It turns out that they are nowadays. I'm able to go out in the real world, mention that I have Asperger's, and not be frowned upon or assumed to be incompetent. In fact, some people are even accommodating enough that they know to not touch me in certain ways and don't overload me with noise. It's wonderful.

Acceptance on the internet, however, is a whole different matter, as I wrote in this article some time back. There's a growing misinterpretation of Asperger's in particular in certain online circles, and that's something I constantly combat and fear. Then I started feeling around on Twitter...and found a huge network of autism and Asperger's support. I became friends with fellow Aspergians, shared blog posts back and forth, and was able to feel loved despite not ever actually meeting anyone in real life. Yet. I'd love to someday have an autism/Asperger's Twitter conference so we can all meet up.

I just wanted to say thank you today. I should be saying thank you every day, but today's a special day for us so I figured today would be the best time to write this post. It seems all convoluted and emotional, and I apologize for that, but I just had to let all of you know how much you mean to me.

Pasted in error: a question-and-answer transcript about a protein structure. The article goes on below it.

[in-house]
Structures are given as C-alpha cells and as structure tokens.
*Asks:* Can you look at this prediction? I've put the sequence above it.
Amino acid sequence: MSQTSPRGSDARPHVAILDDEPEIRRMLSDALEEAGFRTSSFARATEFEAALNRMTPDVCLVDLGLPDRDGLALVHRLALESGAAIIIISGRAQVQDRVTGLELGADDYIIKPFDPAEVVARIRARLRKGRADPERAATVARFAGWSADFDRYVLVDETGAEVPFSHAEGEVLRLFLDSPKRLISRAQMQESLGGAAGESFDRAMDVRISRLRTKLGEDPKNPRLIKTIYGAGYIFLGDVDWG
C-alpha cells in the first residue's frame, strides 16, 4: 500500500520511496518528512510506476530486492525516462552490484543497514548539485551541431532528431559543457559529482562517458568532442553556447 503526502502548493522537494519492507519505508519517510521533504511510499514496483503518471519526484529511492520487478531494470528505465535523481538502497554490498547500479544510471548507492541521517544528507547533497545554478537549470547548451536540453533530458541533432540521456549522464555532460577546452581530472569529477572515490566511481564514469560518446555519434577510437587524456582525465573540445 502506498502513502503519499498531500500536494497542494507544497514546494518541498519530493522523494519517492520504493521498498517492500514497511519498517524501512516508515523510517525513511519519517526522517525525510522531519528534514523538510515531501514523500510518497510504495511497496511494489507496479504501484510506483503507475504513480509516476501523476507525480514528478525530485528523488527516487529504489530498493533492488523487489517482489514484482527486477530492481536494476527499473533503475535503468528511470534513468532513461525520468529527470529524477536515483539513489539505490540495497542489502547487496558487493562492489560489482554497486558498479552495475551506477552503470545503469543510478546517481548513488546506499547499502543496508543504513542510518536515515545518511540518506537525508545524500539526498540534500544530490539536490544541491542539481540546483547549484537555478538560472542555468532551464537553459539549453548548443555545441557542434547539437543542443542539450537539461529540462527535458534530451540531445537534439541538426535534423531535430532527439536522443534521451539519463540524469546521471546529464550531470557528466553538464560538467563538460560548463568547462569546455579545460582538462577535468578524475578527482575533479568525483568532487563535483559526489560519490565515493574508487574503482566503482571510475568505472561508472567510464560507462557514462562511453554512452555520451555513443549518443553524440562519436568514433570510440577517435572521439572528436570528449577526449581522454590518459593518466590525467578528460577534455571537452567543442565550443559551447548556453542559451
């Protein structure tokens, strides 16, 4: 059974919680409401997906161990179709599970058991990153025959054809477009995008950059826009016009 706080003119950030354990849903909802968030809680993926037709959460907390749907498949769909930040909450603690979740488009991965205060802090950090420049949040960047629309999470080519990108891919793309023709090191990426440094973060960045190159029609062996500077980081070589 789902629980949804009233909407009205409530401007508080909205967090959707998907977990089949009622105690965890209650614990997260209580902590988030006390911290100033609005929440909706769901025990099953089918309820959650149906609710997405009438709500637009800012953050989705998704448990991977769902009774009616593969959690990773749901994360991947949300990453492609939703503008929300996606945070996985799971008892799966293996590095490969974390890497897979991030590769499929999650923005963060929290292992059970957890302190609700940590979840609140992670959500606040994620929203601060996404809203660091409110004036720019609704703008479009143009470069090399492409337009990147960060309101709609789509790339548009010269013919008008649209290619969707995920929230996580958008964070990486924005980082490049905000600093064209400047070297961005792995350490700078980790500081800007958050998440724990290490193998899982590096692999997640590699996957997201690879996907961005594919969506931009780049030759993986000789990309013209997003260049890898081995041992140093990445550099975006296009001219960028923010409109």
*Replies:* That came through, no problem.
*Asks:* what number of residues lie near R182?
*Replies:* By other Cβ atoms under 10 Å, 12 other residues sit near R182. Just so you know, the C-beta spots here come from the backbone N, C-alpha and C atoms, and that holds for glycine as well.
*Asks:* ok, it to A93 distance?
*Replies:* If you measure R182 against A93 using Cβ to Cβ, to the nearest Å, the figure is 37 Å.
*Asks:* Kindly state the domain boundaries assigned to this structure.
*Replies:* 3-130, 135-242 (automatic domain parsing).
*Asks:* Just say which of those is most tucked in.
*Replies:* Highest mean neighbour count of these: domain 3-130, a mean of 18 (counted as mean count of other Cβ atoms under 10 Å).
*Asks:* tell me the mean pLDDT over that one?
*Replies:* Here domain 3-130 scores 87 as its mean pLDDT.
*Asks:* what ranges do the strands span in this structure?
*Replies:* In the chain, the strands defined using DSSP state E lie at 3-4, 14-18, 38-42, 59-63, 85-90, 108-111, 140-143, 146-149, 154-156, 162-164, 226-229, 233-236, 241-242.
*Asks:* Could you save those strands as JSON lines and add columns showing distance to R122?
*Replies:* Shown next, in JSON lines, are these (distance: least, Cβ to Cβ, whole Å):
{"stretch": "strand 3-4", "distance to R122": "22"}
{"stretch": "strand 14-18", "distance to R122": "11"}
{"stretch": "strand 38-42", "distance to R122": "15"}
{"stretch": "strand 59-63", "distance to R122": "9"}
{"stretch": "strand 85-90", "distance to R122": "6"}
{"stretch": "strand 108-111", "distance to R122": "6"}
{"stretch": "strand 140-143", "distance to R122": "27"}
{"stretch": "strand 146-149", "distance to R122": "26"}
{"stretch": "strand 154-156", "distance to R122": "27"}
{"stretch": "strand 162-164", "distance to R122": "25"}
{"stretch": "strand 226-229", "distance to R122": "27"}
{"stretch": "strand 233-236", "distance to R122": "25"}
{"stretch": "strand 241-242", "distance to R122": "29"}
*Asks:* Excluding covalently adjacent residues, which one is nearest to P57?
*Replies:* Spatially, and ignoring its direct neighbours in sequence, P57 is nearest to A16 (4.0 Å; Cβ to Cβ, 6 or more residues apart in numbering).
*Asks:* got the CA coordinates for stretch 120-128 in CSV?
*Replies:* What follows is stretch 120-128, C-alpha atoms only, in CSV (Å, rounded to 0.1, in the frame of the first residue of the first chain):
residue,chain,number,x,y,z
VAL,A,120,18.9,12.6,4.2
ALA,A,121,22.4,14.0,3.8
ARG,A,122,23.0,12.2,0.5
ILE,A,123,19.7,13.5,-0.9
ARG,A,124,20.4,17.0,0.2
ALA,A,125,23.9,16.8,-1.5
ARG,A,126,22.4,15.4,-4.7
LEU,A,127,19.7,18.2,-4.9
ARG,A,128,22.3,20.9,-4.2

Here are a few tips for the neurotypicals reading this on how you can better support people with ASDs today:
  • Don't buy into the fear machine. Autism is a lifelong condition, but it's also a gift - it does make living in the real world hard sometimes, but look at all the amazing things autistic people create and do. Don't tell us you want to give us a 'cure.' That would change who we are completely, and we don't want to be changed. We want to be accepted. (Also, most of us self-advocates would prefer that you gave money to an organization that isn't Autism Speaks since they tend to shout us out and use fear to take people's money.)
  • Make an effort to listen. Today's a day for us to be heard, but we'd really like it if you listened all the time and learned to understand us. We're not all that different from you - we're just socially different. Intellectually, we can keep up with you, but we just struggle socially, so be patient with us if we don't get how to interact right away. 
  • Be judgement-free. Before I was diagnosed, I was treated horribly by my peers, who just thought I was an annoying intellectual. I'm very sensitive to negative judgement as a result, and I imagine many other people with ASDs are, as well. We're very sensitive to the general emotional state of a room, so make sure you bring some calm energy into our interactions and be gentle with us. Don't judge, just listen.
We just want to be accepted like you are. That's all we ask for - acceptance and proper treatment. Today - and every day - we advocate to gain these things. Please help us even just a little bit by accepting us for who we are and celebrating differences.